Protect Your Assets Now

What Is Asset Protection?

There are multitudes of ways in which you can lose your wealth, judgments, divorce, and creditors. Asset Protection refers to the use of strategies and legal tools such as LLC, privacy trusts, and asset protection trusts to safeguard one’s assets. The process starts with a consultation with an experienced professional who will review your assets, risks, and financial objectives. Once a strategy is set depending on your situation, the expert will establish legal barriers between creditors and you. Often, the strategy includes business and estate planning.

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If you have assets, then asset protection is essential. You never know when a claim against your assets may occur even if you do not have any significant debts. It’s better to safeguard your assets now before a claim arises than trying to set something up after a claim. We’ve listed some of the reasons why you would need asset protection below:

You have a high-risk profession, e.g. lawyers, doctors, real estate developers.
You have a high net worth
You are a business owner or self-employed
You own rental real estate
You have a personal guarantee
Your children or parents drive your vehicles but titles remain in your name

What Is An Asset Protection Trust?

Asset protection trust is a legal document in which the trustee can be designated to a third party to hold items of value and keep them away from judgment creditors. The trustee acts in a fiduciary capacity for the trust beneficiaries placing their interests ahead of his own.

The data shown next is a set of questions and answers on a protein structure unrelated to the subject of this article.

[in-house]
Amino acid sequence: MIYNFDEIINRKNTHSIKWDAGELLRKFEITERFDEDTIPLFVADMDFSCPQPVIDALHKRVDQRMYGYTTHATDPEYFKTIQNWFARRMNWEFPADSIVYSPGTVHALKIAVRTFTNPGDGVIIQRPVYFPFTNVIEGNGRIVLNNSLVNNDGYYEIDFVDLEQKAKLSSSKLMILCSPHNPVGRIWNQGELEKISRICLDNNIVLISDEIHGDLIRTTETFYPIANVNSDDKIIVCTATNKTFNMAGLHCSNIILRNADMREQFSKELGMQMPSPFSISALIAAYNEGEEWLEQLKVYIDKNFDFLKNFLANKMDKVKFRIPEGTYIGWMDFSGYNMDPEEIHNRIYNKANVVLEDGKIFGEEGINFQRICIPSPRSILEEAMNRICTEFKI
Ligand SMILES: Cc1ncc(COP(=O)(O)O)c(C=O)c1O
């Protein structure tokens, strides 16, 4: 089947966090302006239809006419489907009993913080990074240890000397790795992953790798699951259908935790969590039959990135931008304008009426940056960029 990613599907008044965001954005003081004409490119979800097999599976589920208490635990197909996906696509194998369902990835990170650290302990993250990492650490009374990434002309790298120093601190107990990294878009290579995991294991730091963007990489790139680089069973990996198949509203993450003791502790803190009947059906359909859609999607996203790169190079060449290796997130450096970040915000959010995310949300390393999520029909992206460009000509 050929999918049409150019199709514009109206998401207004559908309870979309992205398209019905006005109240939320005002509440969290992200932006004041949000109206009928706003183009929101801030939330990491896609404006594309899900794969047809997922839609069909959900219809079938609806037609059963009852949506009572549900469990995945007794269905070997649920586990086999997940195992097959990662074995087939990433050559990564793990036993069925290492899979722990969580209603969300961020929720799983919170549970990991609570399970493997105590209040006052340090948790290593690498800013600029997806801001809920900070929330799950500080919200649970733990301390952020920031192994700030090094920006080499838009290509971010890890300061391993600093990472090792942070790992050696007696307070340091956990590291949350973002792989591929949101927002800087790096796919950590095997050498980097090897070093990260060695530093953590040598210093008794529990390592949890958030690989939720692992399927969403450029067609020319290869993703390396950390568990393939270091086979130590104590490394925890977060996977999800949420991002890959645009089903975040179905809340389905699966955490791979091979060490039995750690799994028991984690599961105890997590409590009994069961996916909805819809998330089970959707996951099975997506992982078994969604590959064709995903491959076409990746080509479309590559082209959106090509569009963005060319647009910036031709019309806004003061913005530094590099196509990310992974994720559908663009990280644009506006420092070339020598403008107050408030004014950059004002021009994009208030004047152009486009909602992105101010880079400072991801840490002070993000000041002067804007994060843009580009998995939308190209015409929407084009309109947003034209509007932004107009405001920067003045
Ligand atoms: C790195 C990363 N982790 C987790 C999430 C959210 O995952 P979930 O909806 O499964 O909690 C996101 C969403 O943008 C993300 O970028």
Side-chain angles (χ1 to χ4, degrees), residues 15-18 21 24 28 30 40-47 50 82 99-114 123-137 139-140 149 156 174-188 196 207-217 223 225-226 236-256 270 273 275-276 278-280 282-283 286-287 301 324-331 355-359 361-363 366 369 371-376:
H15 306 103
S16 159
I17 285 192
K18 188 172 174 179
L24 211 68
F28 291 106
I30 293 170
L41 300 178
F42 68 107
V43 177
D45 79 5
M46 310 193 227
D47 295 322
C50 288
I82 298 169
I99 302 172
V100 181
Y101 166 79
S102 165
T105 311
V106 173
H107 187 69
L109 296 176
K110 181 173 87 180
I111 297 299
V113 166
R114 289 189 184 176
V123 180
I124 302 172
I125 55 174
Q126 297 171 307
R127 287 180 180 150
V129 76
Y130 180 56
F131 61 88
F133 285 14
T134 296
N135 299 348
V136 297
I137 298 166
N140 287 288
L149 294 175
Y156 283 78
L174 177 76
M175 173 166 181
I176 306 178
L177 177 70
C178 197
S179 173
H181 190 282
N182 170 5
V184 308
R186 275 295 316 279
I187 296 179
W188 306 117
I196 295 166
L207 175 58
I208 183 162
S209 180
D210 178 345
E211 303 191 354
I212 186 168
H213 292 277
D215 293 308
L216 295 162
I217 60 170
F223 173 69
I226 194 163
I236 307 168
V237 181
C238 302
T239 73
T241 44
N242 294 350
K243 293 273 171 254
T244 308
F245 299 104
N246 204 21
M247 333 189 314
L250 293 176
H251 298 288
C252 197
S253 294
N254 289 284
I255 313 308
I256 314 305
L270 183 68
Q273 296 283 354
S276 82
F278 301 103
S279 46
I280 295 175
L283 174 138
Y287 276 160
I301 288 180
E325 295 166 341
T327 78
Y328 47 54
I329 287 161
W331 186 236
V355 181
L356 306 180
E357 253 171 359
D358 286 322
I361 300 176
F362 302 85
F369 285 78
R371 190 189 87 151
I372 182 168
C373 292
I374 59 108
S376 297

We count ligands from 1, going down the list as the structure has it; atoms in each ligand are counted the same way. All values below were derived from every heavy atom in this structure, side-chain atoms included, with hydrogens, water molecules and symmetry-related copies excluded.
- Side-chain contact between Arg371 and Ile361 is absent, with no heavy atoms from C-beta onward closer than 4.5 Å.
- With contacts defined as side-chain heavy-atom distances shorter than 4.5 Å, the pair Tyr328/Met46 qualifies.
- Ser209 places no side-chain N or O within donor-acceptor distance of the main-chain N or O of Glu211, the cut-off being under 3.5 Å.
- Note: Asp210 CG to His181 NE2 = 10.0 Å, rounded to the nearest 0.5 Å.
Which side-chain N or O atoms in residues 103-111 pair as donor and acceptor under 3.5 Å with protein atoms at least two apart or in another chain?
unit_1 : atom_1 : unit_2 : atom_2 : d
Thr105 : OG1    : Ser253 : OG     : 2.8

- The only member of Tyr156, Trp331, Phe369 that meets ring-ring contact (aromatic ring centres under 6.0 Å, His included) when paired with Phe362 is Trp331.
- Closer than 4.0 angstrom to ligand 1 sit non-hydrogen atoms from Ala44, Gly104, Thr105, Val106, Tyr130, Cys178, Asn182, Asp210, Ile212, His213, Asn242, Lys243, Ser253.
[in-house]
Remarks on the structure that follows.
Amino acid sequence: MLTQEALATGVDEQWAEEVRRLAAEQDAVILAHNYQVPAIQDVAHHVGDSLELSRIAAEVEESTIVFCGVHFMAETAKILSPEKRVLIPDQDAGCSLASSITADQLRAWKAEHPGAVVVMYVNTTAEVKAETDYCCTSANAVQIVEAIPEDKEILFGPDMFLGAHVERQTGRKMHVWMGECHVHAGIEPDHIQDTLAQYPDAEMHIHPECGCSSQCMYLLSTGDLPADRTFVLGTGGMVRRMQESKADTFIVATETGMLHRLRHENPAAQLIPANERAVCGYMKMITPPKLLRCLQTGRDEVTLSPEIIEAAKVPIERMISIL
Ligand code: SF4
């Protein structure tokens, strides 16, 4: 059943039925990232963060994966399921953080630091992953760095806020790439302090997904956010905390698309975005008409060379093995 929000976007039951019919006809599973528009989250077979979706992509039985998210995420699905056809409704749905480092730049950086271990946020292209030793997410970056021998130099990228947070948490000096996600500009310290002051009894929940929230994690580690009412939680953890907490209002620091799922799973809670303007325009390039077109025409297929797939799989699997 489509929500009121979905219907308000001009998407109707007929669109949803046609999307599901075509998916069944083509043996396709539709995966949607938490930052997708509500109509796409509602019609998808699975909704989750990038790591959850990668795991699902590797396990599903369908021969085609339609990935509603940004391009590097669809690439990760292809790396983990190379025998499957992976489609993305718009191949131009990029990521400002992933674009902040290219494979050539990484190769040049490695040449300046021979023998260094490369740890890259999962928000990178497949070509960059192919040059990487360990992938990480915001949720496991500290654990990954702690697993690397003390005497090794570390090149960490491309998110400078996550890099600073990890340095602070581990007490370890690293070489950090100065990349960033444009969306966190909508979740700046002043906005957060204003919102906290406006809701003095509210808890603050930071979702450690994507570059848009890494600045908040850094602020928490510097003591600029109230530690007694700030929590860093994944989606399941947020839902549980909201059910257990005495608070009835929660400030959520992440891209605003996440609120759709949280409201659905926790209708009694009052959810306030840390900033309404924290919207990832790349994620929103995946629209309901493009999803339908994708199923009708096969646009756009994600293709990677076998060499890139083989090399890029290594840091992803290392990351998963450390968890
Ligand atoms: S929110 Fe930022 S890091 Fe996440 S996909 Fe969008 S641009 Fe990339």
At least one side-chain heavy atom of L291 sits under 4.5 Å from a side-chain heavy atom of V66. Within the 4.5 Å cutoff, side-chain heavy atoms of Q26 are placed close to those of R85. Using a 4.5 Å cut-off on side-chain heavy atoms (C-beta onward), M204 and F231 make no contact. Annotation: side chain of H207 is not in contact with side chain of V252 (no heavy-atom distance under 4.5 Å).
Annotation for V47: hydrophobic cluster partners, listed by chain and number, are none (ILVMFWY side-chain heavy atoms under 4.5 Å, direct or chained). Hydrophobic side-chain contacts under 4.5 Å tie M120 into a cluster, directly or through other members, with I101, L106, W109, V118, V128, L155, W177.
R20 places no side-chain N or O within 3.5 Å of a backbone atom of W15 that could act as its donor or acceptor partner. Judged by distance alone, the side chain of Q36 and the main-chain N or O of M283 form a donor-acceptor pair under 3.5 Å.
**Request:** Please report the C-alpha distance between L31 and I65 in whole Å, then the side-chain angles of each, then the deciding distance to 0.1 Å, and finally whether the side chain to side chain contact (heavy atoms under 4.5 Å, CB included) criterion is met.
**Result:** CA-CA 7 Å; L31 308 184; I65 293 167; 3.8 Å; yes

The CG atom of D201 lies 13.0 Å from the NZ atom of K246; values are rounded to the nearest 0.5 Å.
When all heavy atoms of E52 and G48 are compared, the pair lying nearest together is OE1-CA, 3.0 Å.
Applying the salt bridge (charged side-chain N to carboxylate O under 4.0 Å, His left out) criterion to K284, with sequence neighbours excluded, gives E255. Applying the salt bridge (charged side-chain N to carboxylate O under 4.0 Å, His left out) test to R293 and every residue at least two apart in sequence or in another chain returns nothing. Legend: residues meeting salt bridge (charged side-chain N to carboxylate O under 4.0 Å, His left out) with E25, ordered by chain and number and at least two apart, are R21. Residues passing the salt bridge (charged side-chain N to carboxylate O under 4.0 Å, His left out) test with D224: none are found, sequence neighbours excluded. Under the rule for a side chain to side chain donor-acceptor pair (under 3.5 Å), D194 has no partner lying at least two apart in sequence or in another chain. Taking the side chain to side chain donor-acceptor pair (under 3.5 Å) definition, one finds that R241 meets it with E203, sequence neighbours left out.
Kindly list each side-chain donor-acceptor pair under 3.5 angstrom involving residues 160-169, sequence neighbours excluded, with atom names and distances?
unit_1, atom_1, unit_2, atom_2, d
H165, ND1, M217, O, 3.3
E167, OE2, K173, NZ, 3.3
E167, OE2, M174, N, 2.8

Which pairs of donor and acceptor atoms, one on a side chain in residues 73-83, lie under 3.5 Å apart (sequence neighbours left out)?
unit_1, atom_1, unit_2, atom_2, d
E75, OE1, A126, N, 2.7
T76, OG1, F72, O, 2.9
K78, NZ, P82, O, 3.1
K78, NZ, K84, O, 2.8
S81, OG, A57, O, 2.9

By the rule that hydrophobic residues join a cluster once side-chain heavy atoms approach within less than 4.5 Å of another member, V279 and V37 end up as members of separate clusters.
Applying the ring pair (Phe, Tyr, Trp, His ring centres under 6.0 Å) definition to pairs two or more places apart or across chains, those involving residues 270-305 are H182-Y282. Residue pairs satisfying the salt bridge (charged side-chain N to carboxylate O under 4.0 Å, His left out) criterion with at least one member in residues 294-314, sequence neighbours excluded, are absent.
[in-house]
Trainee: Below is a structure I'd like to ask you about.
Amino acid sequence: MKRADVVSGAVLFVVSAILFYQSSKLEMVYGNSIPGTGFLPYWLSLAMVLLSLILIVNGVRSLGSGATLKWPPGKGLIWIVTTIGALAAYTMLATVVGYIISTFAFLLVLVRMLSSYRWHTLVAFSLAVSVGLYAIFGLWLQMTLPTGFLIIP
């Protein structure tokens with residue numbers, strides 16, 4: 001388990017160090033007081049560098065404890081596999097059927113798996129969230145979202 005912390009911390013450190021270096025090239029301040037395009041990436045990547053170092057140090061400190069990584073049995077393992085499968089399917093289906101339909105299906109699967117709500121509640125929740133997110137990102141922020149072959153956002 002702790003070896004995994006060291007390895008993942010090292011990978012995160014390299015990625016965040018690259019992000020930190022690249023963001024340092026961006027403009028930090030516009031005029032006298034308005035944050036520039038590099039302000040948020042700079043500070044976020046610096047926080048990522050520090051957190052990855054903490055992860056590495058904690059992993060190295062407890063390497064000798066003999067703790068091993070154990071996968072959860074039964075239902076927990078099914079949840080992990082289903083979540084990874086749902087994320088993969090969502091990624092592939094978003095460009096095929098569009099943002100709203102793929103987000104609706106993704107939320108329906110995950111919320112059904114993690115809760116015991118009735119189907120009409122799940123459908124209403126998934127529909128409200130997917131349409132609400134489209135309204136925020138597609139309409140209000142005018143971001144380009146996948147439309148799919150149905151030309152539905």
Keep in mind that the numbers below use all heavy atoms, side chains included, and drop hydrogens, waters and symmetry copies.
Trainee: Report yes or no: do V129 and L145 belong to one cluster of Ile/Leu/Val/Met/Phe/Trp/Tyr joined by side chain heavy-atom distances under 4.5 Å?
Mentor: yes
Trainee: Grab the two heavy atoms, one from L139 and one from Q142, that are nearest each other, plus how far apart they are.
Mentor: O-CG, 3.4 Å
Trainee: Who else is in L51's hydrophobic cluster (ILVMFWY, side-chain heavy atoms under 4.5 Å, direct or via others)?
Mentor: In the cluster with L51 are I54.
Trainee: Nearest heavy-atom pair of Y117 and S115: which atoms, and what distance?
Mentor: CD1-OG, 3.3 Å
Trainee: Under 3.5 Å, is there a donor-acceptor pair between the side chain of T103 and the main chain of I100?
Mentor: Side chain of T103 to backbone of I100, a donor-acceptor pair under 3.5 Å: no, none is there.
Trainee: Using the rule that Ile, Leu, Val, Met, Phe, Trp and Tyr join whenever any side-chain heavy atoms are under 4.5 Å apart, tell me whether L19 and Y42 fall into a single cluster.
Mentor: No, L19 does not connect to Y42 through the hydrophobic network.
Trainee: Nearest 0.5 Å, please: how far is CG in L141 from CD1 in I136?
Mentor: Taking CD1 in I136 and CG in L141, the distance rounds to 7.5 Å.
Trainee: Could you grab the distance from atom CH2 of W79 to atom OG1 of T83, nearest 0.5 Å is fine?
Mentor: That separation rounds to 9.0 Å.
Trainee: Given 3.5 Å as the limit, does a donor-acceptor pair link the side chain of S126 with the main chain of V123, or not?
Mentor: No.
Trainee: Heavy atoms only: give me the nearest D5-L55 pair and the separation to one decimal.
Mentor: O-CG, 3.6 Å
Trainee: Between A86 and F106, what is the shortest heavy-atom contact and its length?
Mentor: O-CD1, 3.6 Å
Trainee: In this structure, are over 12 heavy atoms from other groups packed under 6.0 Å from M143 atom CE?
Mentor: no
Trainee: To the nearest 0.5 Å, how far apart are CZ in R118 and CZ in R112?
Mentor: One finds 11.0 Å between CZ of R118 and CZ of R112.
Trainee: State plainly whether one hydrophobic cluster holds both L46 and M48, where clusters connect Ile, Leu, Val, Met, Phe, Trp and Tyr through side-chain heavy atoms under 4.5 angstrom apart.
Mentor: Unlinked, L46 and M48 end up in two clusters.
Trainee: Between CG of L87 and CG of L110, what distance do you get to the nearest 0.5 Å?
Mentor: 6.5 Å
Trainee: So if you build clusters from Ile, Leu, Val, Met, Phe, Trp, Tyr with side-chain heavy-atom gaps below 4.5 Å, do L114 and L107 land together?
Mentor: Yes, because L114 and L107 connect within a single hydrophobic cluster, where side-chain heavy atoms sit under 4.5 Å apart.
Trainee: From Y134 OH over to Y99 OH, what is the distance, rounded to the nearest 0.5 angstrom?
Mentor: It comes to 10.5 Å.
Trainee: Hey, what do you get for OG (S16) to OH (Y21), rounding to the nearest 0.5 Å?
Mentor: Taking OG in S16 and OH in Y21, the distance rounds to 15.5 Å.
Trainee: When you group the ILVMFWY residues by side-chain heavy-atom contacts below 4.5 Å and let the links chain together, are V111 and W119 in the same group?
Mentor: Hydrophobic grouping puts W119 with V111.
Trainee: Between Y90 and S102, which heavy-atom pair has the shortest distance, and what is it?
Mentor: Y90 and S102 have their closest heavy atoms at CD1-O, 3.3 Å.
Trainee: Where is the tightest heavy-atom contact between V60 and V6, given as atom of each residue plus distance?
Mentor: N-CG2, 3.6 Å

Domestic Asset Protection Trusts are available in 16 states: Alaska, Delaware, Rhode Island, Nevada, Utah, Oklahoma, South Dakota, Missouri, Wyoming, Tennessee, New Hampshire, Hawaii, Virginia, Ohio, Mississippi, West Virginia.

Offshore asset protection trust jurisdictions include the Isle of Man, Cayman Islands, the Cook Islands. It’s best suitable for assets that already are or can be moved offshore.

Creditors are prohibited from seizing an LLC’s money or property according to the LLC statutes. In most states, a charging order Is the creditor’s exclusive remedy. The creditor has the right to distributions paid out of the LLC but cannot force the debtor to make such payment. The states with the most protective statutes are Wyoming, Nevada, and Delaware.

The Caribbean Island of Nevis offers stronger asset protection as evident in the Nevis International Exempt Trust Ordinance of 1994 and its amendments including the short statute of limitations, the unlimited number of years for a trust, the non-recognition of foreign judgments, etc.


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